Edge of Tomorrow: a Video Game Movie Sans Video Game

Edge of Tomorrow a Video Game Movie Sans Video Game

Edge of Tomorrow a Video Game Movie Sans Video Game

Reading the various reviews and thoughts about Edge of Tomorrow apparently only one or two critics have recognised the film for what it is; a video game movie sans video game. Word is that the film is fast paced, entertaining, “original” and looks to be the fun film to see this summer in terms of blockbusters.

Searching through the many excited write ups of the Tom Cruise, Emily Blunt vehicle several themes are mentioned, analyzed, and applauded. Very few though, can get past the apparent Groundhog Day scenario; missing completely the reality behind the rave reviews from most critics.

What is this reality? The simple answer is that the film is a cinematic live action video game not based on an existing original game. In other words Edge of Tomorrow is a gaming movie sans an original game of origin. While this may sound confusing, stop and think for a moment about how many movies Hollywood have based on popular, iconic, video games. Films such as Resident Evil, Doom, Silent Hill, House of the Dead, et al, have all been adapted from these wildly popular, or cult favorite, video games with mixed success.

Both the gaming industry and Hollywood have been trying for some time to catch “lightning in a bottle” with a film based upon a game that holds a special place in the hearts of gamers. The mixture of results, have proven that the movie makers really haven’t got a clue till now on how to go about it. Unlike Hollywood, various gaming companies have had much more success in this area. Developing games that were so cinematic in nature that the more hardcore gamers did not like them.

The plot of Edge of Tomorrow has Tom Cruise as the initially non combat ready officer who is sent to the French front to fight an onslaught of aliens. After killing one of the bigger creatures, which results in his being coated in its blood, Cruise’s character dies and then “wakes up” right back at the moment that he first arrives to be told he will be going to France.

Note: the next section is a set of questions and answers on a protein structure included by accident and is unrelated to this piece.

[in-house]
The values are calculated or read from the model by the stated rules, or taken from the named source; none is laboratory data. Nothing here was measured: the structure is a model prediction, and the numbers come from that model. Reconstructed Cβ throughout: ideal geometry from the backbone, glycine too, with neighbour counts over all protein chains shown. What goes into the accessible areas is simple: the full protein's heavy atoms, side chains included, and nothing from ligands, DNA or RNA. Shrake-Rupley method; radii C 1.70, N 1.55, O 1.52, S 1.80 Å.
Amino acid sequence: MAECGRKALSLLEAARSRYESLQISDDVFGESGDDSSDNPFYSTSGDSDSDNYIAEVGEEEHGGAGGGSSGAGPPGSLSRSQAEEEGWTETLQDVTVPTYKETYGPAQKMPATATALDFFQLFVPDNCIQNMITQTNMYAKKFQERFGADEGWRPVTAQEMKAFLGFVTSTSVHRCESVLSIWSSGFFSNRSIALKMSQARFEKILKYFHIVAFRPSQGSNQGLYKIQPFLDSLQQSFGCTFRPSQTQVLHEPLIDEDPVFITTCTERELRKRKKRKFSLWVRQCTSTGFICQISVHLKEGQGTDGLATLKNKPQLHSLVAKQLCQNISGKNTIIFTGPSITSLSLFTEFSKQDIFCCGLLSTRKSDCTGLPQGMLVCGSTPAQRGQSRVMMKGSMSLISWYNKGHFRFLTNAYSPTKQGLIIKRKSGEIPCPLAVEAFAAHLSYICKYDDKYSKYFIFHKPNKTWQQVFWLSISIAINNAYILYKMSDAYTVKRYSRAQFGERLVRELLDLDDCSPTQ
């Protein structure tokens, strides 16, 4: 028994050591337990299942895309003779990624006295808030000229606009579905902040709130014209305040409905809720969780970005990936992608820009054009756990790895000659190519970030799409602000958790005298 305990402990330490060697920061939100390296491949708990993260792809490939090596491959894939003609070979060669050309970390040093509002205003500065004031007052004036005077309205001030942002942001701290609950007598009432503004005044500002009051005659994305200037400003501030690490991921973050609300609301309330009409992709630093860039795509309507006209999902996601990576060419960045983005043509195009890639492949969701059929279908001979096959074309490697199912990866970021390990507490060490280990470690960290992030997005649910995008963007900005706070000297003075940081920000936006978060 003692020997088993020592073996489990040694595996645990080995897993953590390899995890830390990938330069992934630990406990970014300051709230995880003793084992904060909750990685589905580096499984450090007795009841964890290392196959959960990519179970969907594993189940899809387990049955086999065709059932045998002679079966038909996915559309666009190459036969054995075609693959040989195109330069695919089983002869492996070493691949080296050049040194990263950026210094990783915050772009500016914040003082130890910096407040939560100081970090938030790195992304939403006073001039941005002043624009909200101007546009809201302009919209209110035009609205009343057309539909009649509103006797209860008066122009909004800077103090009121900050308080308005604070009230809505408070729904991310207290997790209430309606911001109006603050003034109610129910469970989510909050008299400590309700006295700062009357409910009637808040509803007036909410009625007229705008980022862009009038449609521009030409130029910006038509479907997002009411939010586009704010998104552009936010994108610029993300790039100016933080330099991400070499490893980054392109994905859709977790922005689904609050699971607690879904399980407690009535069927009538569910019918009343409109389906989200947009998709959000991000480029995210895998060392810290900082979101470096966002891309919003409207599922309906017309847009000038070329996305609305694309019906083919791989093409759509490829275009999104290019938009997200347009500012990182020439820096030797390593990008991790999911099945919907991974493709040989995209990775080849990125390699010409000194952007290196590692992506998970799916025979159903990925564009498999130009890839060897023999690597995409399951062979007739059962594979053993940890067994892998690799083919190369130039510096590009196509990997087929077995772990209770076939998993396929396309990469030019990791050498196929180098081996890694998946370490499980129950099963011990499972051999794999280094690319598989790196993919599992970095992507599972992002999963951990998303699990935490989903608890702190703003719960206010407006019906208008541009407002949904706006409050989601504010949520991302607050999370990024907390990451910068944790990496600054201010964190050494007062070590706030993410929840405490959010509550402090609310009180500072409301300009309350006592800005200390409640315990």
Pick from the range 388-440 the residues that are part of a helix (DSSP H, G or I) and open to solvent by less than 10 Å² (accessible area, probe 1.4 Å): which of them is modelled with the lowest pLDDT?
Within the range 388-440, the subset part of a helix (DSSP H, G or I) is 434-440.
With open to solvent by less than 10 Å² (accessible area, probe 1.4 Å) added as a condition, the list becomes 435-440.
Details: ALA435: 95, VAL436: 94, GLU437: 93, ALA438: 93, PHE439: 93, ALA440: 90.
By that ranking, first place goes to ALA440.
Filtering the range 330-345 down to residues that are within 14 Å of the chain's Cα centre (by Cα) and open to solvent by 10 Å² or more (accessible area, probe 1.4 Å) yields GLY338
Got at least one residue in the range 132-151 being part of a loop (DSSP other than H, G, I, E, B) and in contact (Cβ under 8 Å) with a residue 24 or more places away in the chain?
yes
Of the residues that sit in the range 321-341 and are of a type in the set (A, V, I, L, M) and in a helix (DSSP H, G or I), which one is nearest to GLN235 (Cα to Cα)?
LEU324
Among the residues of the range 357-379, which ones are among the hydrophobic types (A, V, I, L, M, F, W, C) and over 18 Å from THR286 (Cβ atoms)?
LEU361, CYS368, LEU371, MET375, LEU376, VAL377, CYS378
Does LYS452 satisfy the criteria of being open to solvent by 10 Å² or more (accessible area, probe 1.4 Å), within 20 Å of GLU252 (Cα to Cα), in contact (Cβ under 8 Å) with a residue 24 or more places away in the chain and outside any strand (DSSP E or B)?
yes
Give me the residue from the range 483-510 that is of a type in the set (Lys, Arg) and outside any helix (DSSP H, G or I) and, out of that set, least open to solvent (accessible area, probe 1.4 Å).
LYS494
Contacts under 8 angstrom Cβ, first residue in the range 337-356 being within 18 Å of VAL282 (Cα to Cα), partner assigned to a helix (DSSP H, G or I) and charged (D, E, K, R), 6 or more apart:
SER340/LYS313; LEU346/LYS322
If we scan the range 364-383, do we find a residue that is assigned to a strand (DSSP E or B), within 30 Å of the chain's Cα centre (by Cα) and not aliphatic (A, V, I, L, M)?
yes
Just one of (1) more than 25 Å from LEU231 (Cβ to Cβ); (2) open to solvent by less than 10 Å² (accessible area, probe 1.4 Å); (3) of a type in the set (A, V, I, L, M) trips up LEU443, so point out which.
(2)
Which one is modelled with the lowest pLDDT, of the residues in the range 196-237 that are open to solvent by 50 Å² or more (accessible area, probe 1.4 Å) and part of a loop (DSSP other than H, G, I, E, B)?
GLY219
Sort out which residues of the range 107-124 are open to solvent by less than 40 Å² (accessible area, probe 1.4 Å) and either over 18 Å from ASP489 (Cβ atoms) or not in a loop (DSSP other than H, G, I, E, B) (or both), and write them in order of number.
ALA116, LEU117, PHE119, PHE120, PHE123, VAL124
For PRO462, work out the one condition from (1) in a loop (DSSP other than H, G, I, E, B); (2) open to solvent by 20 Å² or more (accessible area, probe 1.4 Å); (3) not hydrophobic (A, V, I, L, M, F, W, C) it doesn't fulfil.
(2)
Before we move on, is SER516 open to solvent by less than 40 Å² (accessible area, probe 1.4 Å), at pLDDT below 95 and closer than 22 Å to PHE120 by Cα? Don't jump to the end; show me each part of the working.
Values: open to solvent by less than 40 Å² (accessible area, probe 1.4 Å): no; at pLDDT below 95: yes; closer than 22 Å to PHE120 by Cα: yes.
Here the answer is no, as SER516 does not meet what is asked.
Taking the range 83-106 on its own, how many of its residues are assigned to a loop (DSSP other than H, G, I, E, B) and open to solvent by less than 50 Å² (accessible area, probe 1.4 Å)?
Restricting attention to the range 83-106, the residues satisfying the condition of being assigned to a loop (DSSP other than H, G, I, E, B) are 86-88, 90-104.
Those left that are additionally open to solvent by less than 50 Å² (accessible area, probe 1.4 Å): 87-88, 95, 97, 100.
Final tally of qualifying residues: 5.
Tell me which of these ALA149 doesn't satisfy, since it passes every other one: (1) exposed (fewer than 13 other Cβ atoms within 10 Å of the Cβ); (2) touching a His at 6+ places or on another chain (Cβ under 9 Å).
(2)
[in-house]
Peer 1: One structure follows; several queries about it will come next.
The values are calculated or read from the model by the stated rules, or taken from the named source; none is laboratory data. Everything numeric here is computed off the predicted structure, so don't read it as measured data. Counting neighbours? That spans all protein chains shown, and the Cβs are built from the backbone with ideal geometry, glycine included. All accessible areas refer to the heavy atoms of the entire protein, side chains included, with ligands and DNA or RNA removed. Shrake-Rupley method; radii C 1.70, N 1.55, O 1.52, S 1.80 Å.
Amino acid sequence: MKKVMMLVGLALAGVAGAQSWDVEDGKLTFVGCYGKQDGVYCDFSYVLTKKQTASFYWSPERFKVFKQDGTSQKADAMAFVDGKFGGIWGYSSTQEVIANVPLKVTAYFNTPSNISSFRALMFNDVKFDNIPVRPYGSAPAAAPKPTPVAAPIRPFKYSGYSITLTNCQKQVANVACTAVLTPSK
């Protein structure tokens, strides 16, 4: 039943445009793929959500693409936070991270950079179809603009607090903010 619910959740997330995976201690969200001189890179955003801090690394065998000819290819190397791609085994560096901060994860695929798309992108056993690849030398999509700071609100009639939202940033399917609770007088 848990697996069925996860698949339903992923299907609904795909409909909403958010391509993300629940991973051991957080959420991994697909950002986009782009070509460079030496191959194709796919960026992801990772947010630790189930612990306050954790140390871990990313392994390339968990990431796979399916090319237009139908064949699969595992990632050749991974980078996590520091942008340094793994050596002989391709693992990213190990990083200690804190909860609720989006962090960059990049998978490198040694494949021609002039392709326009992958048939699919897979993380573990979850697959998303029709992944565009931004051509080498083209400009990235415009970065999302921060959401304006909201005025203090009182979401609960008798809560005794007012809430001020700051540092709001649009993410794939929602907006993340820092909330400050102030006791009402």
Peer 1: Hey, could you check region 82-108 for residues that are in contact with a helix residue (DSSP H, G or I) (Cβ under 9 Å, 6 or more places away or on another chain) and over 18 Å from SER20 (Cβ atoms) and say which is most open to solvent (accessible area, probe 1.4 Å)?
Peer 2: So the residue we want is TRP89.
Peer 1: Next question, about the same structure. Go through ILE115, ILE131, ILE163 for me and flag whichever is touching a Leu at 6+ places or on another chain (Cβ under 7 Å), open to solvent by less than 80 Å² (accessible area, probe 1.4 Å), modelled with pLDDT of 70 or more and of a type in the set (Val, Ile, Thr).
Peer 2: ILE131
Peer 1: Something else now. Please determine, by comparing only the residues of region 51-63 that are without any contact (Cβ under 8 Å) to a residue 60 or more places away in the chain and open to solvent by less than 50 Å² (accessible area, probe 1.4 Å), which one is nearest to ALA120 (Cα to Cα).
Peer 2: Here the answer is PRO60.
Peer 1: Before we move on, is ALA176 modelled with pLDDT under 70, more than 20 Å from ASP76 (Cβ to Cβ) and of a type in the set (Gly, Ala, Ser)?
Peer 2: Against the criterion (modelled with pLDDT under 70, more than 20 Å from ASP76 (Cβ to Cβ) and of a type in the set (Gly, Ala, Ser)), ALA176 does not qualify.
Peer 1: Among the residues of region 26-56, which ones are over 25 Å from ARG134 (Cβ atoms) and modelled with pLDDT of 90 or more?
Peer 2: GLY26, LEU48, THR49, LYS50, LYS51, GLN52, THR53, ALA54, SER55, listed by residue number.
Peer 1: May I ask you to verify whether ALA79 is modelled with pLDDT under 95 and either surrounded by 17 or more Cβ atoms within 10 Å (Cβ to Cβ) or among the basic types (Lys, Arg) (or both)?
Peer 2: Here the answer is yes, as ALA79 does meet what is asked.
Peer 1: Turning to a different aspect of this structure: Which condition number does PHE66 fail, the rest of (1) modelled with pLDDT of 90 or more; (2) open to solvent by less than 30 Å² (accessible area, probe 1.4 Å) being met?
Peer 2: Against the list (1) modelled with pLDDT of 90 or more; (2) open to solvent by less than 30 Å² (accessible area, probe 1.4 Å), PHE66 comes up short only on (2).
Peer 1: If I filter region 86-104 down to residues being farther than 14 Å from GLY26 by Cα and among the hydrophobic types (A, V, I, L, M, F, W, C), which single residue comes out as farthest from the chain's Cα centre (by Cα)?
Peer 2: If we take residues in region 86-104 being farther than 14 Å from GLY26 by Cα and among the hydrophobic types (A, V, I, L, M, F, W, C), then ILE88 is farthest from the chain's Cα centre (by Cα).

This does not happen just once or twice, but repeatedly. Initially he attempts to tell everyone what is happening. After saving Emily Blunt’s character, who realizes that Cruise is telling the truth, he is told by her character to find her the next time it happens. The film is based around this “time loop,” as many critics have called it and watching the trailer shows a few comedic moments. One features Cruise in the role of trusty steed with a broken leg and the camera focusses on Blunt who cocks her weapon and tells him to find her again when he wakes up as he pleads that he is fine.

Another thing that critics have been quick to point out is that Cruise’s character gets smarter and better at defeating the aliens each time he returns. This is all fascinating and it also proves the gaming point brilliantly. Anyone who has played any sort of video game, whether it be a platformer like Mario Bros or a cinematic, and epic game like The Last of Us or any one of the Final Fantasy games this mechanic, or device, is referred to as re-spawning. First person shooters such as Battlefield or CoD use the same technique also.

Granted the film is based on a “light” novel titled All You Need Is Kill by Japanese author Hiroshi Sakurazaka so apparently the device is in the science fiction book. It would not be surprising at all, however, if this time loop was influenced by the act of re-spawning in video games.

Even if Edge of Tomorrow is not intentionally a video game movie sans a video game origin it certainly resembles one enough to guarantee a pretty enthusiastic response from a certain amount of gamers. Even if most reviewers have not made the connection, the younger and more “with-it” audience members surely have. All that is left now, is for Hollywood to make a video game based on the movie, which they have certainly done before. The film opens in theatres across the country on June 6. Those interested in the film can watch the trailer below.

By Michael Smith



The New York Times

One thought on “Edge of Tomorrow: a Video Game Movie Sans Video Game

  1. Yeah, it definitely has similarities with video games and something like The Raid could be described like that as well, with each floor representing a game level where it keeps getting more difficult before meeting the end boss.

Comments are closed.